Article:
Effect of an Intrinsically Disordered Plant Stress Protein on the Properties of Water

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Dehydrins are plant proteins that are able to protect plants from various forms of dehydrative stress such as drought, cold, and high salinity. Dehydrins can prevent enzymes from losing activity after freeze/thaw treatments. Previous studies had suggested that the dehydrins function by a molecular shield effect, essentially preventing a denatured enzyme from aggregating with another enzyme. Therefore, the larger the dehydrin, the larger the shield and theoretically the more effective the protection. Although this relationship holds for smaller dehydrins, it fails to explain why larger dehydrins are less efficient than would be predicted from their size. Using solvatochromic dyes to probe the solvent features of water, we first confirm that the dehydrins do not bind the dyes, which would interfere with interpretation of the data. We then show that the dehydrins have an effect on three solvent properties of water (dipolarity/polarizability, hydrogen-bond donor acidity and hydrogen-bond acceptor basicity), which can contribute to the protective mechanism of these proteins. Interpretation of these data suggests that although polyethylene glycol and dehydrins have similar protective effects, dehydrins may more efficiently modify the hydrogen-bonding ability of bulk water to prevent enzyme denaturation. This possibly explains why dehydrins recover slightly more enzyme activity than polyethylene glycol.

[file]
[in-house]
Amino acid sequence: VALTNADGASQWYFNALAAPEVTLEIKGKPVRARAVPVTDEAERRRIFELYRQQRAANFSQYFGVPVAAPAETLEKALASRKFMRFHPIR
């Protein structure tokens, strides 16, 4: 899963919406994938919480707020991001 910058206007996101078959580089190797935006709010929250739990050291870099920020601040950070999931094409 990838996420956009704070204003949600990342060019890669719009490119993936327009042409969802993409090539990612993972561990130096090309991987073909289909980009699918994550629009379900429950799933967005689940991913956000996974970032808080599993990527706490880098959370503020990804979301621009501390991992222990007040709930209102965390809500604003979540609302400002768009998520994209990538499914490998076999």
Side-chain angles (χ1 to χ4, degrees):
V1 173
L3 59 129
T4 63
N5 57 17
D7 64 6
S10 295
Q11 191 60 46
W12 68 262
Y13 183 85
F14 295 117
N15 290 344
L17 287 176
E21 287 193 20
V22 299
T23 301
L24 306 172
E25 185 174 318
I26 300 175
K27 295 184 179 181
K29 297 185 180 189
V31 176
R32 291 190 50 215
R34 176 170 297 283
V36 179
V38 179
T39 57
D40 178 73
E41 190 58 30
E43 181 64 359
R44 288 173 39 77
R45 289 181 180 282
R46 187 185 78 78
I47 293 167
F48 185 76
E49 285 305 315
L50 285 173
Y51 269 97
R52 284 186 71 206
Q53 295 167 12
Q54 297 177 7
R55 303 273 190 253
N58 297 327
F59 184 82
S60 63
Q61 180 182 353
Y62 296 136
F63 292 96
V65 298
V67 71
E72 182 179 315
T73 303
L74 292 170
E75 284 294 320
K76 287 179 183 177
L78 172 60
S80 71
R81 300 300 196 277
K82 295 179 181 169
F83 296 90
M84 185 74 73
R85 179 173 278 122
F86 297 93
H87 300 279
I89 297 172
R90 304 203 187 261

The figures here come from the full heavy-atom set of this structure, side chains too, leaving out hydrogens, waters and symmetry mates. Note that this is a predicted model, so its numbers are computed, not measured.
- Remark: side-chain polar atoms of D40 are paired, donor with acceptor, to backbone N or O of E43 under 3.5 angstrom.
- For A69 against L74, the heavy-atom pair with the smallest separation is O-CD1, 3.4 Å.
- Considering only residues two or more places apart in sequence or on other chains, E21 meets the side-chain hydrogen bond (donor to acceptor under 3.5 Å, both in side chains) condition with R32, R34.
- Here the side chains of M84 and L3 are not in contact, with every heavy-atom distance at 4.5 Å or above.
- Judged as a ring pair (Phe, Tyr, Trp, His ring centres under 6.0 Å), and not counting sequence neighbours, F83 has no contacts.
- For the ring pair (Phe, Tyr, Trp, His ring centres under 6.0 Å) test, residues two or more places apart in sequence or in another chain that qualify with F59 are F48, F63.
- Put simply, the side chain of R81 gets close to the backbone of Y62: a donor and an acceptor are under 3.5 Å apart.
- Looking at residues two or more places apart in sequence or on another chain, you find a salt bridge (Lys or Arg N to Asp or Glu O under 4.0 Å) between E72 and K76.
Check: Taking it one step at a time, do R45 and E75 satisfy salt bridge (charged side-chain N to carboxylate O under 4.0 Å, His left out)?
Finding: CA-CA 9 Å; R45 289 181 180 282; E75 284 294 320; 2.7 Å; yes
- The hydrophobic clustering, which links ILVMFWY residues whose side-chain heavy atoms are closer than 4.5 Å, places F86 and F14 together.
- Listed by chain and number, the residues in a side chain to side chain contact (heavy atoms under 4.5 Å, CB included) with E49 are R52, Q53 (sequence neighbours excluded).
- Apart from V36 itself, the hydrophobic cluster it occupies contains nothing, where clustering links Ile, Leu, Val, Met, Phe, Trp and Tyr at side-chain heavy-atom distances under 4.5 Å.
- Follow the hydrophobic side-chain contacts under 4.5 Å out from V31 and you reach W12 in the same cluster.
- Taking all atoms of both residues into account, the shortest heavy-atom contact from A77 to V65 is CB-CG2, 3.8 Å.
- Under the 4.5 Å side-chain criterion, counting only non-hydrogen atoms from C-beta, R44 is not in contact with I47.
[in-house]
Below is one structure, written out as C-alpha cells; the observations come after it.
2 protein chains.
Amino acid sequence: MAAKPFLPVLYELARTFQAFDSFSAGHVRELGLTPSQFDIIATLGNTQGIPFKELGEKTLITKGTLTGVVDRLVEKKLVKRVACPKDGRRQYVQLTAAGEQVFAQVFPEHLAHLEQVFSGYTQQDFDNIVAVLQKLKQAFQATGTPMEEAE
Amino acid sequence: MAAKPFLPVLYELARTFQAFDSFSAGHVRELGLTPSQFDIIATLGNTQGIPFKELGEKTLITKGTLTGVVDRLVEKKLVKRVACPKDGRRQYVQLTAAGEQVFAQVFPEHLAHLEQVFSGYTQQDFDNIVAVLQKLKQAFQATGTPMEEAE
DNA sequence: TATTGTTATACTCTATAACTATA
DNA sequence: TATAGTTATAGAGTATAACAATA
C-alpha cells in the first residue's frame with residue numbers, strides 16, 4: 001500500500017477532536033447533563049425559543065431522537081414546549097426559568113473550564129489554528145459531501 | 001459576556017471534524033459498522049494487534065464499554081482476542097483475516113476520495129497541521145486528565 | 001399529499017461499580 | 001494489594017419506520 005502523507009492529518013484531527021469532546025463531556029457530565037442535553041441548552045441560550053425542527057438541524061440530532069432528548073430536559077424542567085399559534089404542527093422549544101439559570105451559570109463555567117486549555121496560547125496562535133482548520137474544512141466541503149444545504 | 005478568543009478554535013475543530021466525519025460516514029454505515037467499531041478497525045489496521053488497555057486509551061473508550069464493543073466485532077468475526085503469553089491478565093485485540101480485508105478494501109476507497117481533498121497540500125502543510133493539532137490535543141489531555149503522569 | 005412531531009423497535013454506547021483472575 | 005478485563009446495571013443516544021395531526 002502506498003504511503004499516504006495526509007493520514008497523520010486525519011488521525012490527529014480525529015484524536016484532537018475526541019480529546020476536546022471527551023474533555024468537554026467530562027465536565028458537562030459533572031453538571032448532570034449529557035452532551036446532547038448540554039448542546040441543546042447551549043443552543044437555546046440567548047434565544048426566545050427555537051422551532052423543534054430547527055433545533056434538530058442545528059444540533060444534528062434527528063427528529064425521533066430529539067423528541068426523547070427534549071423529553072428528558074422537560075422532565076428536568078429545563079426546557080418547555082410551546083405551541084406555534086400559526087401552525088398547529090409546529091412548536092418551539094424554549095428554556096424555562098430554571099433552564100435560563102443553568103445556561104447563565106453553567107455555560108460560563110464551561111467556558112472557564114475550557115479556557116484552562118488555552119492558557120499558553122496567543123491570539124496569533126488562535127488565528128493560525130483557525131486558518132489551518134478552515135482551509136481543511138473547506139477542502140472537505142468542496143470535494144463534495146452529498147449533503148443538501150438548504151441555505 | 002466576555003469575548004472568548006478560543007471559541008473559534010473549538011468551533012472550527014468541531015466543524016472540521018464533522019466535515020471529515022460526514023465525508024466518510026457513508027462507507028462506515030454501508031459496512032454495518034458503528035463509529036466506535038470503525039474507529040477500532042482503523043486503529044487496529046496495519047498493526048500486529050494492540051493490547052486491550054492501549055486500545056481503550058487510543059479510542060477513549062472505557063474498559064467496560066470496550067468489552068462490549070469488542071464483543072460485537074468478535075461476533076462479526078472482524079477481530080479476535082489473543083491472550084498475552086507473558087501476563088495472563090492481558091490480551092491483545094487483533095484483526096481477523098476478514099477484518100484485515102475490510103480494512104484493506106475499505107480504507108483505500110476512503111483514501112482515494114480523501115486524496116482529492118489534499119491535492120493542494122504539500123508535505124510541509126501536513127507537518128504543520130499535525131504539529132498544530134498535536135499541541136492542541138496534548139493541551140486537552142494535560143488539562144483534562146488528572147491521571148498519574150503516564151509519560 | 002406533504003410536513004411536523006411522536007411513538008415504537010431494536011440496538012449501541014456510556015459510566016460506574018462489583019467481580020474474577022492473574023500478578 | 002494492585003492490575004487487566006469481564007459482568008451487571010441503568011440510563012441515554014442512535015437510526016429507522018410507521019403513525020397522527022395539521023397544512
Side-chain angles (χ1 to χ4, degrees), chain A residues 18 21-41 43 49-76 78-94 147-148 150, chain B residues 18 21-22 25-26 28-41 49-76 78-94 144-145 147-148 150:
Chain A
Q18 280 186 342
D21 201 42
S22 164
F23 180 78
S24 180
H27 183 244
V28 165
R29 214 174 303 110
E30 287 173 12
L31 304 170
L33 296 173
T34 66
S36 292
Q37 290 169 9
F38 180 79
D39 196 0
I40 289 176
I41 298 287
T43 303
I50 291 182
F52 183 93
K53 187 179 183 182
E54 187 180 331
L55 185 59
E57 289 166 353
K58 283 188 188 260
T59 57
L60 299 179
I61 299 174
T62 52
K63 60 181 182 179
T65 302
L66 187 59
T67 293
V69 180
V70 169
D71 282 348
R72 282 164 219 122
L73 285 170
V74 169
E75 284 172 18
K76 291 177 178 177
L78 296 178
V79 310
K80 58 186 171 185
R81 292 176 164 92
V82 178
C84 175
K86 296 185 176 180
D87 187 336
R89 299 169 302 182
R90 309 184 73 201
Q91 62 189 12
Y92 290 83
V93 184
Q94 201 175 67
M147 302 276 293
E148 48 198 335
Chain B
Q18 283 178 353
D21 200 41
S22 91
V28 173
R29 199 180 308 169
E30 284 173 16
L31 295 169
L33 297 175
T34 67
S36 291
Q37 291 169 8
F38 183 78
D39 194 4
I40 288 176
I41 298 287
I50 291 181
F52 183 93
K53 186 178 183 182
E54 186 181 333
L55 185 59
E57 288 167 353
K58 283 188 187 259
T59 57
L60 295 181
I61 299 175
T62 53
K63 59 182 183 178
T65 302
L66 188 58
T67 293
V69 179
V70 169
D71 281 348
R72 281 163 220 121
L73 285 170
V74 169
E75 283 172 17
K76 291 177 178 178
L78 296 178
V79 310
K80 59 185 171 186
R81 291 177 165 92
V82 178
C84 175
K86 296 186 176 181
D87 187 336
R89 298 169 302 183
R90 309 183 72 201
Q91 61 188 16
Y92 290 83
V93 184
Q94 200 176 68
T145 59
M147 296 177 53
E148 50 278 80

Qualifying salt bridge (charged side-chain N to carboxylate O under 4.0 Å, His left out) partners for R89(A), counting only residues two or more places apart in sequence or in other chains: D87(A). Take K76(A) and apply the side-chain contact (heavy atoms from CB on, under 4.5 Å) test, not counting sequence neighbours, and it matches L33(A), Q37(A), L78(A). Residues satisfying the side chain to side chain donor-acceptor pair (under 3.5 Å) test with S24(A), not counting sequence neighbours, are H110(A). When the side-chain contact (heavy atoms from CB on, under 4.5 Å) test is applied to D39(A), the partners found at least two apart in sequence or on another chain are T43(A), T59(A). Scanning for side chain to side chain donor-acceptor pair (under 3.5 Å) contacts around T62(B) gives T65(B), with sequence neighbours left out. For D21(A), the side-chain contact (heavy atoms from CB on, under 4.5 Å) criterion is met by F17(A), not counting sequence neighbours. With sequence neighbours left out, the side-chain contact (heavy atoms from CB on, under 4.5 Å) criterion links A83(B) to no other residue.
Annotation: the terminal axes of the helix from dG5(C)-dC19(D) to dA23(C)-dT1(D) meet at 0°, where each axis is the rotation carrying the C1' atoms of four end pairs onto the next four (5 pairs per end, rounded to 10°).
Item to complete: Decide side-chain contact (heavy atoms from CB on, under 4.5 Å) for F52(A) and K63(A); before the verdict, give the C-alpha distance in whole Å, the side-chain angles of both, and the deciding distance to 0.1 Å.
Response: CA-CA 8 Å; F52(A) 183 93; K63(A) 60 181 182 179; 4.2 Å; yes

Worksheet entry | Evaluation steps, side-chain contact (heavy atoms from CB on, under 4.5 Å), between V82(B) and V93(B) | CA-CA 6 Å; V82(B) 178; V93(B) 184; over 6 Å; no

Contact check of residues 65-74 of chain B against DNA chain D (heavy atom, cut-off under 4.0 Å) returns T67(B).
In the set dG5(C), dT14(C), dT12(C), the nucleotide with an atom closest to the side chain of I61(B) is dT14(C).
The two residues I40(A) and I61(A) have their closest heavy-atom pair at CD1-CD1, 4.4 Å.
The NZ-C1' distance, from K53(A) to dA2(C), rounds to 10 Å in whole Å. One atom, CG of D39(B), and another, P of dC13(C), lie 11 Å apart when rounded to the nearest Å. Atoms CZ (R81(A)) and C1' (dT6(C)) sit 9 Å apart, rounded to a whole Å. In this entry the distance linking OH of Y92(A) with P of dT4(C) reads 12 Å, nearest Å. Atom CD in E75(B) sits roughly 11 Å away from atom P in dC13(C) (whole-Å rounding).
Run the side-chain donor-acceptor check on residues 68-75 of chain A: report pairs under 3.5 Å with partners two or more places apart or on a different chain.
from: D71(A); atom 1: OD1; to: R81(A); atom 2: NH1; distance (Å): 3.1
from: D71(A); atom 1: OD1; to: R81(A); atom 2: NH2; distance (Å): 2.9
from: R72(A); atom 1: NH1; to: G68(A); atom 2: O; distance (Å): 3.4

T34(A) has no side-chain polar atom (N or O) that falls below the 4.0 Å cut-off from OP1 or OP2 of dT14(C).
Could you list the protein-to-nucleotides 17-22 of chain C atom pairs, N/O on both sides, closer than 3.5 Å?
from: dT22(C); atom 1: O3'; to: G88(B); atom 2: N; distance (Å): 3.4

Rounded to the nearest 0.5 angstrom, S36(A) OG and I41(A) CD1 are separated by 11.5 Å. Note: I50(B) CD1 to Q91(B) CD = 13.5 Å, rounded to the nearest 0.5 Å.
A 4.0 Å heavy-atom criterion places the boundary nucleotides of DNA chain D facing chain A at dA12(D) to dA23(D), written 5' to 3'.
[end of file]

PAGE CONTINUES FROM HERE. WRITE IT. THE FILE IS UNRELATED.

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Biophysical Journal, v. 115, issue 9, p. 1696-1706